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Assault, Consent, and Silence

It is nearly impossible to find a non-eroticized spanking picture.

Here’s the story: A well-to-do Virginian businessman takes needy women under his financial wing on the condition that they follow the rules of his “scholarship plan.” If they break these rules, which consist of limits on alcohol and drug intake, and requirements to stay in contact with their benefactor, they receive a spanking. (He’s inspired by “The Spencer Plan,” a system of domestic “discipline” intended to be used by a husband and wife.) All of the women involved are of legal age. Many of them work together at the restaurant he owns.

One day, the man accuses one of these women of stealing from him and fires her (as an employee and, presumably, as a “scholarship” recipient.) A week later, six of these women file charges of sexual assault. A scandal is born.

“Pretty Woman” Is Real

Ahh, marital bliss.

If there’s one element Pretty Woman is most commonly maligned for, it’s the improbable ending of a street working prostitute whisked away by a filthy rich client. Civilians love to crow about how wildly unrealistic it is to think that a john will ever marry his sex worker and yeah, if you’re entering into sex work with the goal to use it as a dating service, you’re probably going to be a disappointed. That goes for clients and providers. But it’s not uncommon for sex workers to have romantic, unpaid relationships with men they first met as clients. I’ve been in just such a relationship for almost six years. And at last count, I know five married couples who fit the same bill. (I should stipulate that two of these are now divorced, which is consistent with the national average.) It’s not just escorts; strippers, too, can end up with a patron. Nor it is limited to folks who work indoors. A street worker I know spoke to me once about a burgeoning unpaid relationship with a former client, although she made it clear to me (and to him) that she had no intention of quitting work just because she began dating him.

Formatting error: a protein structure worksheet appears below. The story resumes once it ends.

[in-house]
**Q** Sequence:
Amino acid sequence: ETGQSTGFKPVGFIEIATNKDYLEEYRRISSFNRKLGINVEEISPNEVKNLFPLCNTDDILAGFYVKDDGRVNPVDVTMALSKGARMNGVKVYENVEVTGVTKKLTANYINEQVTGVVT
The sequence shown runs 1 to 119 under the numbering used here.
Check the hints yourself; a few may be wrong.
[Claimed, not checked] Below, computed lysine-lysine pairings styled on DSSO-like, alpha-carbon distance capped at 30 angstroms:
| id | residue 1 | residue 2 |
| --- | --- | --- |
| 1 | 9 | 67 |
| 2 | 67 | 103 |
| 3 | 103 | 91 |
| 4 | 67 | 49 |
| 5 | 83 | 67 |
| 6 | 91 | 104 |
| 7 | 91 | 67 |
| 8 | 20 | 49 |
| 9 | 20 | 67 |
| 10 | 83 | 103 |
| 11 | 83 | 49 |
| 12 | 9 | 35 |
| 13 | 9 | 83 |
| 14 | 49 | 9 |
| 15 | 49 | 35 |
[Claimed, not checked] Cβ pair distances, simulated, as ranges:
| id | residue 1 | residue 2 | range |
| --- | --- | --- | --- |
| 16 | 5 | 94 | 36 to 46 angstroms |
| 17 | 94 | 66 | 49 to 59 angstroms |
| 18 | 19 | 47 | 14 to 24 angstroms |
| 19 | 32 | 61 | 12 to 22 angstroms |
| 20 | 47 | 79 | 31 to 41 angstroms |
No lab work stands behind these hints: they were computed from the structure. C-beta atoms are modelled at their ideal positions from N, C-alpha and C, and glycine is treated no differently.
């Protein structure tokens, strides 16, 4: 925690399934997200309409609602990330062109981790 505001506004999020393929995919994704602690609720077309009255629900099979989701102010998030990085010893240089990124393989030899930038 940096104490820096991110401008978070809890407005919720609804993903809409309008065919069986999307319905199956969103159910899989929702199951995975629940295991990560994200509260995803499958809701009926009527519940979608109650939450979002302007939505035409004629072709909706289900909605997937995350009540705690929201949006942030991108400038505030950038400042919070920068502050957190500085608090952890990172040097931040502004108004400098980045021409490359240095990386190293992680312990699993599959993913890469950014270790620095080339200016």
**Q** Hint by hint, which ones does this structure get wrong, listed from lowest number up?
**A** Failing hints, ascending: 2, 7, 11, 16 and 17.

That’s where Pretty Woman really gets it wrong: even when sex workers find a man willing to support them, they often want to keep working.

“Two and a Half Men” Meet a Prostitute

I don’t purposefully watch “Two and a Half Men,” but like many popular sitcoms, it eventually becomes part of the cultural atmosphere and thanks to the public ubiquity of TVs, even the unwilling breathe it in. I first caught wind of an episode involving a prostitute when I was with a client. (Of course.) He turned on the TV in his hotel’s sitting room and then we retired to the bedroom. It wasn’t long before I started hearing the sounds of “hooker!” floating in. I think my guy was too wrapped up in my feet—figuratively; my feet aren’t quite that big—to notice, but I was aware and slightly embarrassed. Related: this one time a client and I went to see Cedar Rapids during our long weekend and ended up sitting through scenes featuring a sweet, hotel hustling lady who, if memory serves, has the obligatory “you think I like going with all those different guys?!” moment. Awkward! Dear World: when I’m playing girlfriend to a client, I need you to erase any and all references to prostitution because it makes us both feel weird. Kthanx.

Anyway, the next time I happened to be in the vicinity of a TV tuned to “Two and a Half Men,” I had a feeling that fate was about to be kind and hit me with that “hooker!” episode again. And sure enough, it did. Surprisingly, it was not as terrible as I anticipated.

A Hobbyist’s Perspective: We Just Don’t Give A Shit

source unknown
source unknown

Dear Tits and Sass Readers,